Goodbye Nerdy Post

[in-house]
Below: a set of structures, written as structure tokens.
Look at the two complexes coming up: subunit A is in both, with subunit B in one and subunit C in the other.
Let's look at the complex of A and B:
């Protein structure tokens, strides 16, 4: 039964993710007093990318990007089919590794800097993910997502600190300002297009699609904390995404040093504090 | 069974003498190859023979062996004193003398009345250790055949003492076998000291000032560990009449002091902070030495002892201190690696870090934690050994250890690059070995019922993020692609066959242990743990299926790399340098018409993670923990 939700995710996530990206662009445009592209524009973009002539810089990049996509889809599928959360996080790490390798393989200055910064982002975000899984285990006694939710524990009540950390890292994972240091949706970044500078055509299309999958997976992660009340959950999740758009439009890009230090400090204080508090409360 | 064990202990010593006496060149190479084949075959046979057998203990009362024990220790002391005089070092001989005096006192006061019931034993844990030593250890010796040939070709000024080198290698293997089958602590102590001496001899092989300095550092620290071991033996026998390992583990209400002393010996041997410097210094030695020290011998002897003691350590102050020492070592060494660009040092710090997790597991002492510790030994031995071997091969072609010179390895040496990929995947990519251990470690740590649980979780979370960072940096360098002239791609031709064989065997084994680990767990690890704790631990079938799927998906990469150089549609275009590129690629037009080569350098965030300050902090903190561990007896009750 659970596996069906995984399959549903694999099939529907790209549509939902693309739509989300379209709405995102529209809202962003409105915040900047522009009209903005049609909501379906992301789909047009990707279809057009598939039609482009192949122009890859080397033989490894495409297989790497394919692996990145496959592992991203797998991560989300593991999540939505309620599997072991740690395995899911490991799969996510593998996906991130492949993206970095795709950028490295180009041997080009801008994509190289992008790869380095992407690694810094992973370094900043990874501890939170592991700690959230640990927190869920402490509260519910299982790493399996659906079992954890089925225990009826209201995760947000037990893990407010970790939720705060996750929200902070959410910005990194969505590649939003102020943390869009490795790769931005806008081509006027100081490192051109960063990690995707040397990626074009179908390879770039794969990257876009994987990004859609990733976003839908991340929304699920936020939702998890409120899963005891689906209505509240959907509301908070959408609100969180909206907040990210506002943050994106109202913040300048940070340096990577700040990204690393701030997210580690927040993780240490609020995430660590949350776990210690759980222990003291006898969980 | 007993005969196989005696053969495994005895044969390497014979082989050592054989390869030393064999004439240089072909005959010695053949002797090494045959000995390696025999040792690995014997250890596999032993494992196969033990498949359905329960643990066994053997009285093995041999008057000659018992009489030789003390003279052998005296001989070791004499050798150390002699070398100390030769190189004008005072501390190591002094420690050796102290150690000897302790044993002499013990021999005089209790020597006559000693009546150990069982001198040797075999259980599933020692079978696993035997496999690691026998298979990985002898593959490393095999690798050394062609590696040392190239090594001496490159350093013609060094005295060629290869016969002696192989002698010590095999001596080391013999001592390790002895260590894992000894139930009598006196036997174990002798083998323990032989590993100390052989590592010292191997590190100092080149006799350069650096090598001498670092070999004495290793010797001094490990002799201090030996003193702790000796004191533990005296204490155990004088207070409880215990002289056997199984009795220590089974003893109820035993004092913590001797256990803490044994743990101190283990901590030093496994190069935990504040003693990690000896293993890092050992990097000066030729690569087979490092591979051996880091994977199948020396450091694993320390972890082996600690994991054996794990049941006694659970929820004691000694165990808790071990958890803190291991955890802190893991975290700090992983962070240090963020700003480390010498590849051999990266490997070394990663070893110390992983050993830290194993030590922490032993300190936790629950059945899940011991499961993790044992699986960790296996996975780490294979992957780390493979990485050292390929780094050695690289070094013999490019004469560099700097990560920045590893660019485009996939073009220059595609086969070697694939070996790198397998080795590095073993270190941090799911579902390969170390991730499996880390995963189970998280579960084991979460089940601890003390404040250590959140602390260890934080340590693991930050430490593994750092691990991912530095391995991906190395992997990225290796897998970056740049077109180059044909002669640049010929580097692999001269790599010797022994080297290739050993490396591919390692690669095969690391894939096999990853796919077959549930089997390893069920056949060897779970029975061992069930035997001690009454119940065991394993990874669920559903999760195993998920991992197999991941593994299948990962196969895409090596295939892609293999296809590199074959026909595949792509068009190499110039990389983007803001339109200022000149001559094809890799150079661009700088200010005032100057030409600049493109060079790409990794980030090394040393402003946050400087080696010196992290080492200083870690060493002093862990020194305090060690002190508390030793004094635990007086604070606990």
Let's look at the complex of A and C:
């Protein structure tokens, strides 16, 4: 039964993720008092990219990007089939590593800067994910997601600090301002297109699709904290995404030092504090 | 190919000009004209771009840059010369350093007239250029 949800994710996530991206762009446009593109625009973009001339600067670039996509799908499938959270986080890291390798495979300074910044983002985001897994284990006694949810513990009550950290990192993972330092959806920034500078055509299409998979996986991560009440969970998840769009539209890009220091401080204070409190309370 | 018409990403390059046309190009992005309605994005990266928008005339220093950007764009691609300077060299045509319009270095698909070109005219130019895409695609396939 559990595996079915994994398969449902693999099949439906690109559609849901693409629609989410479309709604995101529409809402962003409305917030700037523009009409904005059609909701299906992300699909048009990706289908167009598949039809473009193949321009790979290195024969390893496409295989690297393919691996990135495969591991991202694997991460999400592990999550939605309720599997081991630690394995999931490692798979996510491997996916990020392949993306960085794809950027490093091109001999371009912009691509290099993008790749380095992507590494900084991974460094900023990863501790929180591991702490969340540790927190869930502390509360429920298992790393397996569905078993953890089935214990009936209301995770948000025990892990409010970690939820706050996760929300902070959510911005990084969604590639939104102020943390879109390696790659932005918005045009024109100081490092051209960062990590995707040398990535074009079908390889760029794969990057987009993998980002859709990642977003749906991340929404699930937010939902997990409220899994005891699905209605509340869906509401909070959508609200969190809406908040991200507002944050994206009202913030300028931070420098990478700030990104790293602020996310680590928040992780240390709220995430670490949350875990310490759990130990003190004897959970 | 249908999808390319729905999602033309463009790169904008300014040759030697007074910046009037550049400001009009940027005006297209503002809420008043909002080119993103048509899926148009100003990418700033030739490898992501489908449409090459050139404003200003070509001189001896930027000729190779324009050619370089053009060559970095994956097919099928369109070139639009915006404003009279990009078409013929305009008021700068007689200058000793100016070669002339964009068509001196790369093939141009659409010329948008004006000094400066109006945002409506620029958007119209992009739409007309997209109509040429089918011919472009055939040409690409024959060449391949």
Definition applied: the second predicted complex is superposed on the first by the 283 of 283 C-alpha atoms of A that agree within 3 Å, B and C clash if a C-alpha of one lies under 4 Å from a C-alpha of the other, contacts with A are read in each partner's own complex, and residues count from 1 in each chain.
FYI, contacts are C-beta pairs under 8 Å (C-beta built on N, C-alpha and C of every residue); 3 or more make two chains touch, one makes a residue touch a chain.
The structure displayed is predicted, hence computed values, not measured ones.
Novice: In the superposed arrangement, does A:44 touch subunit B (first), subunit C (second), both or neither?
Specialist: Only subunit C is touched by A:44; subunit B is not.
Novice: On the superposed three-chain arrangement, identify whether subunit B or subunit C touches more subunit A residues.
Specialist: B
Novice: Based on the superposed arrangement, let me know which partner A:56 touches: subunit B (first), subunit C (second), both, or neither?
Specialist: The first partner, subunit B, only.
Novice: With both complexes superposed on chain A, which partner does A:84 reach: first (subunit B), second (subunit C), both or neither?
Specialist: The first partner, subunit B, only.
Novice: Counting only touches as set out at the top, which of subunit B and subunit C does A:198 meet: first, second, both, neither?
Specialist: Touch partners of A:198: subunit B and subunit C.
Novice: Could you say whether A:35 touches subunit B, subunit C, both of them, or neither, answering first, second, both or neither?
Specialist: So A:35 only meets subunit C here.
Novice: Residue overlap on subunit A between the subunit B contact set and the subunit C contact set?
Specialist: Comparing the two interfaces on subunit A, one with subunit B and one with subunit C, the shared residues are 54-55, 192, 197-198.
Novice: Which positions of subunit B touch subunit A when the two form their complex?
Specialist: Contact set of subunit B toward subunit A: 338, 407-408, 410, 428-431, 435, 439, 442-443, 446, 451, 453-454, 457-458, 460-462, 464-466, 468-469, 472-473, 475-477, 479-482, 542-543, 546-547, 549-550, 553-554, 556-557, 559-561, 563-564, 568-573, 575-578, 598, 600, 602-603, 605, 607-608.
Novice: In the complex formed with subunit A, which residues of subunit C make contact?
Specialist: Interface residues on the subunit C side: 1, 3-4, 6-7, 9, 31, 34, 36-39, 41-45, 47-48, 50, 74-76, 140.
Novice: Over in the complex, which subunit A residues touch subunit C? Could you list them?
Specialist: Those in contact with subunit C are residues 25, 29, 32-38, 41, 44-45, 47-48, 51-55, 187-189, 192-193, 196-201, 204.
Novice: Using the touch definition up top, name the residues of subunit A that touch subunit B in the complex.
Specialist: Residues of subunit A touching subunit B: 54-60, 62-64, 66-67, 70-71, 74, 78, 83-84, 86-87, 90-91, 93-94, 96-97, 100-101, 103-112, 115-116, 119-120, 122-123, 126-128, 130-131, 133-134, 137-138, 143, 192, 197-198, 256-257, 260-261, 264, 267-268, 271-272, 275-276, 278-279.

There were many factors to our decision to end Nerdy Post as a subscription box. Subscription fatigue, both from customers and as owners; Creative limitations on many fronts; An imbalance of work and home life with two small children; The need for a change that every business faces as it grows. As we enter this new year and our new business model, I want to go into depth on each of these factors and how they informed our decision to move forward in a new direction for 2020 and beyond.